It should be preserved with imagination and care before the riverside becomes one long concrete ribbon. Resist the car and keep our precious green spaces.

DON WALTON, Hunts Green Party, Hemingford Grey

* WE oppose in the strongest possible terms the planning application to extend the Riverside car park facility by destroying green recreational space, including a football pitch.

Nobody in this day and age should be contemplating any scheme that involves the replacement of living, green areas with concrete and tarmac. The environmental and ecological reasons for not doing this are self-evident - especially if, as council representatives have claimed at meetings and in the press, this is intended only as a temporary measure. You can't temporarily remove the well-established wildlife habitat and eco-systems which this historic green field represents.

The final sentence of the supporting statement: "It is considered that the development will enhance the natural environment with additional increase in hedging and natural features" is not only inaccurate (since when is tarmac a natural feature?) - it is an insult to the intellect of Huntingdonians if the planners think we will fall for such blatant spin.

It is simply not true to say that the area is only used at weekends, mainly for children's football. It is used practically every weekday evening, as well as at weekends, for a variety of adult and children's football team practices and matches. Able-bodied and disabled groups, women's, men's and children's teams all regularly use both football pitches and the adjacent areas.

It is also completely untrue to say that there are "sufficient pitches located in more suitable locations, ie nearer local communities". There are no other pitches located within Huntingdon town centre.

Aside from the organised football training sessions and matches, the area is also used by a multitude of Huntingdon residents, as well as shoppers, visitors and tourists, for a variety of recreational activities, including informal football, picnics, kite-flying, dog-walking etc. The public's use of the area could be increased even further if Huntingdonshire District Council bothered at all to promote its use, eg for summer fetes, carnivals etc.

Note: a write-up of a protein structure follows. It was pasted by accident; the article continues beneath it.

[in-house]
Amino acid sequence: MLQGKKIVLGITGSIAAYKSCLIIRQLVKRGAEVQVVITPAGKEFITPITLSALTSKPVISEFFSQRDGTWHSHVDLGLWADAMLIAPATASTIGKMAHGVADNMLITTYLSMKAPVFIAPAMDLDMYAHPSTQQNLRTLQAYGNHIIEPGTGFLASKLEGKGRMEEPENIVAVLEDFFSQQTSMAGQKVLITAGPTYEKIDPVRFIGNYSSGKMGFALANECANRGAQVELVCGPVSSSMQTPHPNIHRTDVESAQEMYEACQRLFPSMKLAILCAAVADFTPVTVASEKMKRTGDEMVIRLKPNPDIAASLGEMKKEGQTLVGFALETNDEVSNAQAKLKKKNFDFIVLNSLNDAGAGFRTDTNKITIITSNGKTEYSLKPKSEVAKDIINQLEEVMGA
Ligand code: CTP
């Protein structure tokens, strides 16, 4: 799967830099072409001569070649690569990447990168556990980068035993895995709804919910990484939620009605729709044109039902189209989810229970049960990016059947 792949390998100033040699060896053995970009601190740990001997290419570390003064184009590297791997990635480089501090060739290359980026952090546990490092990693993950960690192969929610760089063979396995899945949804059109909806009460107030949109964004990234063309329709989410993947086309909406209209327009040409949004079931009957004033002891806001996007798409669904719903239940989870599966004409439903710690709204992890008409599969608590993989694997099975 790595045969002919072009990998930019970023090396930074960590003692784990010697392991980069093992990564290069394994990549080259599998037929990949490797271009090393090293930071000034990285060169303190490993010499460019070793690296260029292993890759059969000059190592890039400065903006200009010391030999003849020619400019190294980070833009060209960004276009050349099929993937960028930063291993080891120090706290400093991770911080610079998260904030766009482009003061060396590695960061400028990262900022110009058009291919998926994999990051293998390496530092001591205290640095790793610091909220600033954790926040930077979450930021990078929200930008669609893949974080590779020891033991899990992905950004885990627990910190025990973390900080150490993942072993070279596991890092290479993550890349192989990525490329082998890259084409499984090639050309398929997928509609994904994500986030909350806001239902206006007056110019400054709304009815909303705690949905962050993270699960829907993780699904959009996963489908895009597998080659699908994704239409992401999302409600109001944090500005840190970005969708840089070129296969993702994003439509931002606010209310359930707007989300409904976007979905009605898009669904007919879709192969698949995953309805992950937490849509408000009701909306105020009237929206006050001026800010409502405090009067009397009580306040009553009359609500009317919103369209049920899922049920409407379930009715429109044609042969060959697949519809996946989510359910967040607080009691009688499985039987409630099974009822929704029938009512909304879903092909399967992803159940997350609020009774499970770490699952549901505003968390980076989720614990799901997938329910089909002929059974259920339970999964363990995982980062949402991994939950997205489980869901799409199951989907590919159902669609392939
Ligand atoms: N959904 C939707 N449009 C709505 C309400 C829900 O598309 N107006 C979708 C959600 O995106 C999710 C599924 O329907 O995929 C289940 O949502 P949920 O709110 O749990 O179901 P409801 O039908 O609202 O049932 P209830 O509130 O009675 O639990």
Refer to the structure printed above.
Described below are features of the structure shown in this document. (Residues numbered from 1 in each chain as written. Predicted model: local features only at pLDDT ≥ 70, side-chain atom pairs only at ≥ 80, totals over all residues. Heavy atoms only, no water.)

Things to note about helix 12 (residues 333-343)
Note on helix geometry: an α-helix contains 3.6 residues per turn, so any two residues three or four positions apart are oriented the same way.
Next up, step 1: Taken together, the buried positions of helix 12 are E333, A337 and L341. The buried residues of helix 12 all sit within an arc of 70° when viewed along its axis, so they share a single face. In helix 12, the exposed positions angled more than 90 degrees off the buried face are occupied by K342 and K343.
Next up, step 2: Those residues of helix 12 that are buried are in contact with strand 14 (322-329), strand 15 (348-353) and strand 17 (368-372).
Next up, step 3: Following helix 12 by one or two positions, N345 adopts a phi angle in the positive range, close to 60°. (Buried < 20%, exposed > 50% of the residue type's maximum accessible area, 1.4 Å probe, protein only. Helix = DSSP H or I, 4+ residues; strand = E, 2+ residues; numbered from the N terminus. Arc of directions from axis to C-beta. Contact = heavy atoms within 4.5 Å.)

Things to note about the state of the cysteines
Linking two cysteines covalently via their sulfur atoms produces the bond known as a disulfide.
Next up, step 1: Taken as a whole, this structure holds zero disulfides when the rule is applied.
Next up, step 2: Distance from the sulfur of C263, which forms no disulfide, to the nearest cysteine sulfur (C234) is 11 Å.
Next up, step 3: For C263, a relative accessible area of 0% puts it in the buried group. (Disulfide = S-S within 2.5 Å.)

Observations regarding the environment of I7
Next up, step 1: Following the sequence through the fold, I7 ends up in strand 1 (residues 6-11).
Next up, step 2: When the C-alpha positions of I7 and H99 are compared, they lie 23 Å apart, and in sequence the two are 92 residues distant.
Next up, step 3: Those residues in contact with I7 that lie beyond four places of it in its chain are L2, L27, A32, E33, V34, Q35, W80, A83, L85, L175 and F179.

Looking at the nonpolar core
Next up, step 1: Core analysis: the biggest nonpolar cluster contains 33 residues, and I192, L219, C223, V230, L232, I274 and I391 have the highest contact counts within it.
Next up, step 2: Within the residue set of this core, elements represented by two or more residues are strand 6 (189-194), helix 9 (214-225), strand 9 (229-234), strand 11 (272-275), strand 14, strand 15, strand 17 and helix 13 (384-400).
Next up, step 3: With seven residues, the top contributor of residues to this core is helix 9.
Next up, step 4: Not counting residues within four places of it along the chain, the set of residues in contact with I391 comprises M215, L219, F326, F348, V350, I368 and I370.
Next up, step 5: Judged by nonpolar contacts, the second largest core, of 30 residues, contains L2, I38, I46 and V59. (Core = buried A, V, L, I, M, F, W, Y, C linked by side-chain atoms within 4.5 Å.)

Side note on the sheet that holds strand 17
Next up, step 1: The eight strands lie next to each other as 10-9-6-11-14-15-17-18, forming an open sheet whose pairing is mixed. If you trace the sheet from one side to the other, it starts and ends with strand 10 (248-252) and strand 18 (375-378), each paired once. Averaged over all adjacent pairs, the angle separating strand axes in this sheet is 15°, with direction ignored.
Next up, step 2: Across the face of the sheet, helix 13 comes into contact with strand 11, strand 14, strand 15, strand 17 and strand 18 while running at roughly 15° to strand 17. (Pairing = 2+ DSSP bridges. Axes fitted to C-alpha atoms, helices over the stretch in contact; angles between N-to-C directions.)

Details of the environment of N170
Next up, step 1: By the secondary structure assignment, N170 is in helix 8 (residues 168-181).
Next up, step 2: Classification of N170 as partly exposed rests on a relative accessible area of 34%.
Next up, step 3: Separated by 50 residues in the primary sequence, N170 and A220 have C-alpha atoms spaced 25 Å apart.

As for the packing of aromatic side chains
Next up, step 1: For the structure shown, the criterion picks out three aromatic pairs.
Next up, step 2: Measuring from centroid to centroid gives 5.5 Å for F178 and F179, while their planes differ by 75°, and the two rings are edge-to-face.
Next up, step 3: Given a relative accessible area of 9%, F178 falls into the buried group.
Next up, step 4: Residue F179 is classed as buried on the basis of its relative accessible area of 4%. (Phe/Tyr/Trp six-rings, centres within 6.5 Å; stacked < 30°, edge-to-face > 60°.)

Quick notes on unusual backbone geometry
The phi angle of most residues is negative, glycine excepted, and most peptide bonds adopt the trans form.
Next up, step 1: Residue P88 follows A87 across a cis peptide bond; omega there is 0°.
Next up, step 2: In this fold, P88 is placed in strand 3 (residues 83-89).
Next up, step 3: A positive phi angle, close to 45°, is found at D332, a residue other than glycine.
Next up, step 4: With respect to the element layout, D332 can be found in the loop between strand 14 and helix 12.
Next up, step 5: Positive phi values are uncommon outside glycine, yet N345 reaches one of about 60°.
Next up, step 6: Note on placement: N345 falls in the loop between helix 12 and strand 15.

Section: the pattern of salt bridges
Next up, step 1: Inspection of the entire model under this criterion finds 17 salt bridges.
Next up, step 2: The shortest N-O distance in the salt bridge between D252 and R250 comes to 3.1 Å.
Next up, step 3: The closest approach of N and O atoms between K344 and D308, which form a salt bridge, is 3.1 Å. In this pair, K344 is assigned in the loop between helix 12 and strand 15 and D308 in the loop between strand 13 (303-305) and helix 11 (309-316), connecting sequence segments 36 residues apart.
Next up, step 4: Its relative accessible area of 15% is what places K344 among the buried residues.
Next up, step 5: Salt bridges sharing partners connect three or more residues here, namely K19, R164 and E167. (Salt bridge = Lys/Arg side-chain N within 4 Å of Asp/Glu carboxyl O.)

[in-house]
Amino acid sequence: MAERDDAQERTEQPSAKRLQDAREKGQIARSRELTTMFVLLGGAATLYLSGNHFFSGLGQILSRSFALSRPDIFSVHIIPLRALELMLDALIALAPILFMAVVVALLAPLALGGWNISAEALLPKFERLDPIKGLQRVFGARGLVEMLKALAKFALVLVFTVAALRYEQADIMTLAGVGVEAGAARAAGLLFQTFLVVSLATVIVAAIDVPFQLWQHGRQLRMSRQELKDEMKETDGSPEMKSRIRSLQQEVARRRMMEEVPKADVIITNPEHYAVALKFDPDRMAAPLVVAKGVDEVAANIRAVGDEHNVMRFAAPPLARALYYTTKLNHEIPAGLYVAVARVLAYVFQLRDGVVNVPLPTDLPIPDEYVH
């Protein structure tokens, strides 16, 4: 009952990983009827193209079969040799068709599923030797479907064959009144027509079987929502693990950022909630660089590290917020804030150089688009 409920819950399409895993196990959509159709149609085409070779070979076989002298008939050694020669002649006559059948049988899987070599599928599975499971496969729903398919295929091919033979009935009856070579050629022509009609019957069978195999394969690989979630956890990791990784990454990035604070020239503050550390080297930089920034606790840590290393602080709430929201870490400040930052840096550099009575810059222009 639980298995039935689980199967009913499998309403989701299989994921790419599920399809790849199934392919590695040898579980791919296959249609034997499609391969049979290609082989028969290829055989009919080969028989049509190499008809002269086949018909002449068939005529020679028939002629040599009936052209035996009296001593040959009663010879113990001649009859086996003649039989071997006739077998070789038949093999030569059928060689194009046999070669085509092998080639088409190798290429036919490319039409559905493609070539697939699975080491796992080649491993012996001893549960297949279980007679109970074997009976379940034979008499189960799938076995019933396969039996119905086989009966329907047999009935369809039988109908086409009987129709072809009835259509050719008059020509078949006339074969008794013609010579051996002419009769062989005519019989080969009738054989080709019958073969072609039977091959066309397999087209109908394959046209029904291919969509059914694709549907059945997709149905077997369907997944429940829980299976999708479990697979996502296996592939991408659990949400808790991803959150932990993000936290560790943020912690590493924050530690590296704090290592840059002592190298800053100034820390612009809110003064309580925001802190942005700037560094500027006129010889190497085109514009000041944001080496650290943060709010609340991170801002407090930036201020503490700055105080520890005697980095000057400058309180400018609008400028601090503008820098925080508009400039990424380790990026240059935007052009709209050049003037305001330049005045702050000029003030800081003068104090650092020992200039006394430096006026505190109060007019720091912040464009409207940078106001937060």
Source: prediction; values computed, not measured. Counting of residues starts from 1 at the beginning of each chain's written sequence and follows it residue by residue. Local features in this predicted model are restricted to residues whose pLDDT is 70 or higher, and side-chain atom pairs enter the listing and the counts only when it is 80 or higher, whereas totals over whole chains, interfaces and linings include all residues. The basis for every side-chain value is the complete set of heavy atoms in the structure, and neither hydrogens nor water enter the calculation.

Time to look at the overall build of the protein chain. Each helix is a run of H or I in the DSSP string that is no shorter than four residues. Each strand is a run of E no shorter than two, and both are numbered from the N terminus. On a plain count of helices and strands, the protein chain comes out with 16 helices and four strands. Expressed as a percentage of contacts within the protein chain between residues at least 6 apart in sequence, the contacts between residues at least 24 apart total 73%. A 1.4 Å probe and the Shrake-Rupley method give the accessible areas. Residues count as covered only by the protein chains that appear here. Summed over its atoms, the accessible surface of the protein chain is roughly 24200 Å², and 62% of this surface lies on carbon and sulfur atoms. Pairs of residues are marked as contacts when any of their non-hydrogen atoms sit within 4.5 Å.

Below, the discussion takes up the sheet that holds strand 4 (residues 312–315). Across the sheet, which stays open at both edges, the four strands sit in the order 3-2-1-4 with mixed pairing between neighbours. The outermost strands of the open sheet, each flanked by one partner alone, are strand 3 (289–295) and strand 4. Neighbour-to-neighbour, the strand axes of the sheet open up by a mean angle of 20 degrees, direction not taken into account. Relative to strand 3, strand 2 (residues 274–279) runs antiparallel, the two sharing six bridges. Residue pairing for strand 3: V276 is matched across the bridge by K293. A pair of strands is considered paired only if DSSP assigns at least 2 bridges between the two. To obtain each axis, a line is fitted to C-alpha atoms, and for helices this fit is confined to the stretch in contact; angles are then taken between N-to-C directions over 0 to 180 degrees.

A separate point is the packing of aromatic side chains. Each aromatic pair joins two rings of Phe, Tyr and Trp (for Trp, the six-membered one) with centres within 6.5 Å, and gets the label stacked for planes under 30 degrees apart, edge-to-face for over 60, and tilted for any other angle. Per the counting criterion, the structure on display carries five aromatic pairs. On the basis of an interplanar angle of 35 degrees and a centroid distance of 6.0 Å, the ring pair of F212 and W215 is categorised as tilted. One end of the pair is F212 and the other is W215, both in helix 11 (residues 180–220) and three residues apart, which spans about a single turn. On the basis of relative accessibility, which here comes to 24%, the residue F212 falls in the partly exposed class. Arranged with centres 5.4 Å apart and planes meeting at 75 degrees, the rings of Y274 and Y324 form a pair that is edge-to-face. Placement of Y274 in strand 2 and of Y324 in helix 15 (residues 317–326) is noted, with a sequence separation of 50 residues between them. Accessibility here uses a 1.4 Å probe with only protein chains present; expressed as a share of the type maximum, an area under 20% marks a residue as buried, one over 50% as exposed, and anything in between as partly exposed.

The proposal document cites a public consultation exercise carried out in 2004. Parking was not even discussed as part of that consultation.

The reduction in pitch provision, from two pitches to just one (which is to be relocated in a less suitable place), coupled with the lack of other local pitches within the catchment area, means that this planning application fails to meets Sport England's policy regarding playing fields.

Other alternative solutions to the alleged parking shortage in Huntingdon should be pursued, such as park and ride facilities using existing parking areas (which in some cases could be expanded to multi-storey facilities) around the periphery of the town (eg Huntingdon train station, Spittals industrial area) or by developing new car parking areas on existing 'brownfield' sites.

Public transport into and within the town centre should be enhanced and properly publicised and promoted. A proper system of cycle lanes should also be developed.

If those responsible for this entirely misguided and inappropriate application have any sense of decency, they should withdraw the application.

DEBRA AND ROBERT COSSEY-MOWLE, Hartford Road, Huntingdon